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11 September 2020 / news

New Belgian rules on economic dependence

On 22 August 2020, new Belgian rules on economic dependence entered into force. In a new blog for Kluwer, Loyens & Loeff discusses the potentially profound impact of these rules for the digital sector in Belgium, and beyond.


The recently introduced prohibition of abuse of economic dependence (Article IV.2/1 Belgian Code of Economic Law) is a novelty in Belgian law (see our earlier post for a description of these rules). In the first edition of our regular blog for Kluwer, Loyens & Loeff sheds a light on the possible consequences of this new prohibition and further new rules on unfair clauses for the digital sectors.

The impact for tech sector is potentially profound. The new rules significantly reduce the burden of evidence for complainants as they do not require the demonstration of a dominant position vis-à-vis all market players, but merely the demonstration of a situation of economic dependence. In view of this reduction of the burden of evidence, we would expect that the new rules may lead to an increase in the number of complaints and court cases brought against players in the digital sector in Belgium with alleged market power. Read more in our blog.

Time will tell what the impact of the new rules on the tech sector will turn out to be…

Digital technologies present companies with many online and offline business opportunities. However, they also bring about a whole new range of tax and legal challenges, from competition and intellectual property issues, to data protection and privacy questions. Loyens & Loeff has set up a dedicated and multidisciplinary Digital Economy Team. This firm-wide team unites top experts from our various practice groups in all of our jurisdictions. This integrated and dynamic approach guarantees high-end and efficient solutions for our clients covering all relevant legal and tax aspects of their business.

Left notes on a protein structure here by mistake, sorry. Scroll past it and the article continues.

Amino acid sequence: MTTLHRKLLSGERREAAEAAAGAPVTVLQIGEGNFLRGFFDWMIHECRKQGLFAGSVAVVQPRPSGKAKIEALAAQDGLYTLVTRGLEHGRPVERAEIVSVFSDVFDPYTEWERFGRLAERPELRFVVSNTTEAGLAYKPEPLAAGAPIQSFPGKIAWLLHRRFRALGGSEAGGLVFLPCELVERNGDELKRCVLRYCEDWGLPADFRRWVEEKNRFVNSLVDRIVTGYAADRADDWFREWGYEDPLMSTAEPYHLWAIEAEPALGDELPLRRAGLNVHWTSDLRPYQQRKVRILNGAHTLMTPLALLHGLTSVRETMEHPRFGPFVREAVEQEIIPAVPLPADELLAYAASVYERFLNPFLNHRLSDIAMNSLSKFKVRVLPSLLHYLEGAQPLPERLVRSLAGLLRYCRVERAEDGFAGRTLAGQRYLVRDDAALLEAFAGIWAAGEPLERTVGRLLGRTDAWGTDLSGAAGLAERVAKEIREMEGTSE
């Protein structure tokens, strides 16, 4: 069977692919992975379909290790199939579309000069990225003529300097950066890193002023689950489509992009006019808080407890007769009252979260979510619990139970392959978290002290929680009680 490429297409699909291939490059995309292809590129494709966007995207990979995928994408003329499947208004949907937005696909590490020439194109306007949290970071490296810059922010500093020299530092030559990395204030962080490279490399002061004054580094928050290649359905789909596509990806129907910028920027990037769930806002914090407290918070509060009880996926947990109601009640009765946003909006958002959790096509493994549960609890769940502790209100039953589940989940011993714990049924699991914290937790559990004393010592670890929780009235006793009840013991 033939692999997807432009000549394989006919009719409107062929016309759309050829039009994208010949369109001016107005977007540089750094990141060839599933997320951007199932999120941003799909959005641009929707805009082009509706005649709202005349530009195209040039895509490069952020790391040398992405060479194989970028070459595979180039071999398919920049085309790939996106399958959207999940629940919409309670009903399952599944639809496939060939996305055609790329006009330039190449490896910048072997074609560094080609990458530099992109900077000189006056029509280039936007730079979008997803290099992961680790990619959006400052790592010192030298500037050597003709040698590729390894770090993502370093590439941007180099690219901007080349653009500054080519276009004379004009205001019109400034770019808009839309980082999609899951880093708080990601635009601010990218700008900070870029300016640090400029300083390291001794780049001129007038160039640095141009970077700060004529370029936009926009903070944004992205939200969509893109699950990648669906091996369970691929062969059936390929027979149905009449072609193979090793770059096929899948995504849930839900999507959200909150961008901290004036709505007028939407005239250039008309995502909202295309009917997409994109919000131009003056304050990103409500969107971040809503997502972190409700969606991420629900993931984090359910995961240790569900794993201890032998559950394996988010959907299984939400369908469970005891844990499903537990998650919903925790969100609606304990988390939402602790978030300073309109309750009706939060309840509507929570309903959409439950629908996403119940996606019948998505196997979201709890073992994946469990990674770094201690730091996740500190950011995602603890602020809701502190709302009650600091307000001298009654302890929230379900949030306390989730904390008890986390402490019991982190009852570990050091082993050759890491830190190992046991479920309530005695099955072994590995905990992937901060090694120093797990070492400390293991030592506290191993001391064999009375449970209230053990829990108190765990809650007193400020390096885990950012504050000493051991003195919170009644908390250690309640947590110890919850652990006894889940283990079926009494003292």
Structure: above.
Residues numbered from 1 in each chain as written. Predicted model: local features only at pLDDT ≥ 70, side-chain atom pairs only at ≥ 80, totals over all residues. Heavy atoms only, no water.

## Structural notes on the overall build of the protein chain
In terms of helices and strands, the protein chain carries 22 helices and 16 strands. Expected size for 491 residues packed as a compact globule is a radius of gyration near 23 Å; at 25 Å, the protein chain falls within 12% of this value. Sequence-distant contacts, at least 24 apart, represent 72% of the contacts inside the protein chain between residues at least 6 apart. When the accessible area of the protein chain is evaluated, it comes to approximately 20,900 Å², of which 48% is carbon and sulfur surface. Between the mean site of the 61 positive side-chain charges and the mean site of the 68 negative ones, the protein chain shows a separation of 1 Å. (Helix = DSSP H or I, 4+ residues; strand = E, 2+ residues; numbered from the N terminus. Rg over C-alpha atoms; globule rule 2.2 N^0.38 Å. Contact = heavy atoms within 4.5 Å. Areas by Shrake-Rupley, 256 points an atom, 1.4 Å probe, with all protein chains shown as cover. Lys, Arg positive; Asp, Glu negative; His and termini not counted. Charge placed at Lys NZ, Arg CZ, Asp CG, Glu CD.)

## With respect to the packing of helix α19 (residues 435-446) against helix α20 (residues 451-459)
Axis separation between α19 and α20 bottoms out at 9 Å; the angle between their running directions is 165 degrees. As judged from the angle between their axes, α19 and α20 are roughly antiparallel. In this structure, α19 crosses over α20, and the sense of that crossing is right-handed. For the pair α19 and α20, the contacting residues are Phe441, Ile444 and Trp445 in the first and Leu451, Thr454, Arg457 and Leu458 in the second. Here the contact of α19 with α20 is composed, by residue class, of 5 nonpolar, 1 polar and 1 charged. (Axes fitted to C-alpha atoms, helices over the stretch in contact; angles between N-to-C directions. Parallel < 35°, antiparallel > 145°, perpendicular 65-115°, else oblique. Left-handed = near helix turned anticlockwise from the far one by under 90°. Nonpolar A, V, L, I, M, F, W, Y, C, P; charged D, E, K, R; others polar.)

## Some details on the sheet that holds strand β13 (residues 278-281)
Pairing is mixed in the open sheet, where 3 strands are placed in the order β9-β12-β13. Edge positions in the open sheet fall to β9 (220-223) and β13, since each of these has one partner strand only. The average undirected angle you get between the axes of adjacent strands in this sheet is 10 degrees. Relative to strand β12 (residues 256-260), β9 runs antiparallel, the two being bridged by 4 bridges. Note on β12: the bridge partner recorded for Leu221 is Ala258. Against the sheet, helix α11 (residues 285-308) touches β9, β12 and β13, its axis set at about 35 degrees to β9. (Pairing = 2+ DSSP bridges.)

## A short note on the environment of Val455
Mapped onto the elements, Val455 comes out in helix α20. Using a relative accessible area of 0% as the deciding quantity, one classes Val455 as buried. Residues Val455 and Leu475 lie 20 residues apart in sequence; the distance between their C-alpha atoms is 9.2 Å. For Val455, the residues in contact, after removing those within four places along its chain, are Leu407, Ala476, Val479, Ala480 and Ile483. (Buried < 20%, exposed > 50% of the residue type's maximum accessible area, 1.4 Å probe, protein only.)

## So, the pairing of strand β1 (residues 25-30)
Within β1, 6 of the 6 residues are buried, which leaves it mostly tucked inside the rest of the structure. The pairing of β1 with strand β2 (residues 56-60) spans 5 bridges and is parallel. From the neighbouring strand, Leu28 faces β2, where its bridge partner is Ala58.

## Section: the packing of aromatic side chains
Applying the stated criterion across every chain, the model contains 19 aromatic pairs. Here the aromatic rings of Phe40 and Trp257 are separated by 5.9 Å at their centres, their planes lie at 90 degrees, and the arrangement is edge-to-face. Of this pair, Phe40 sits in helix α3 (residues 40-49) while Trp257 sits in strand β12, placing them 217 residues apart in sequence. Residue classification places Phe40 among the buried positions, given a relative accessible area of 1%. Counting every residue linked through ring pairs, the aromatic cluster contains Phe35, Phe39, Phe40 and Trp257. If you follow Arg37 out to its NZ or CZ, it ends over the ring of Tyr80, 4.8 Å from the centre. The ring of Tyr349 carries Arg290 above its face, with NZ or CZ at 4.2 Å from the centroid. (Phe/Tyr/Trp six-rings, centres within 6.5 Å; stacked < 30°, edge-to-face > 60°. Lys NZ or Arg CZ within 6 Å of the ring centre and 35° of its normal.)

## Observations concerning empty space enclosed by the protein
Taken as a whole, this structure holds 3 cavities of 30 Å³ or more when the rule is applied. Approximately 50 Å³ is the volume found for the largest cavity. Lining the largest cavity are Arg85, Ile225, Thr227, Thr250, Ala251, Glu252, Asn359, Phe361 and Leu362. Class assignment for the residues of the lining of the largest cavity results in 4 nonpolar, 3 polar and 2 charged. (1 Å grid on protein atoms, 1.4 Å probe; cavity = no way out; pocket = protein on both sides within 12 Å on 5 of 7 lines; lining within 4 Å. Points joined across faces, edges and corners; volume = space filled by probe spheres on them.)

Over the past few years, the competition specialists in our Digital Economy Team have represented a broad variety of technology companies, from major online platforms to smaller but innovative start-ups. In this respect we have developed an impressive track record in providing legal advice on several technology related topics, such as digital commerce, block chain, fin-tech and big data.

It is our forward thinking and practical advice that helps our clients to stay ahead in the digital world and to find solutions to any (potential) competition problems that arise. In the context of our focus on the tech sector and our aim of thought leadership, we published our handbook Digital Competition Law in Europe: A Concise Guide (Kluwer), in September 2019. This book aims to be an indispensable guide to quickly and accessibly acquiring in-depth knowledge in competition law in the digital sector, and a must-read for any practitioner or academic who encounters competition law related to digital markets. According to Kluwer, this book is 'one of [its] most significant publications of recent years

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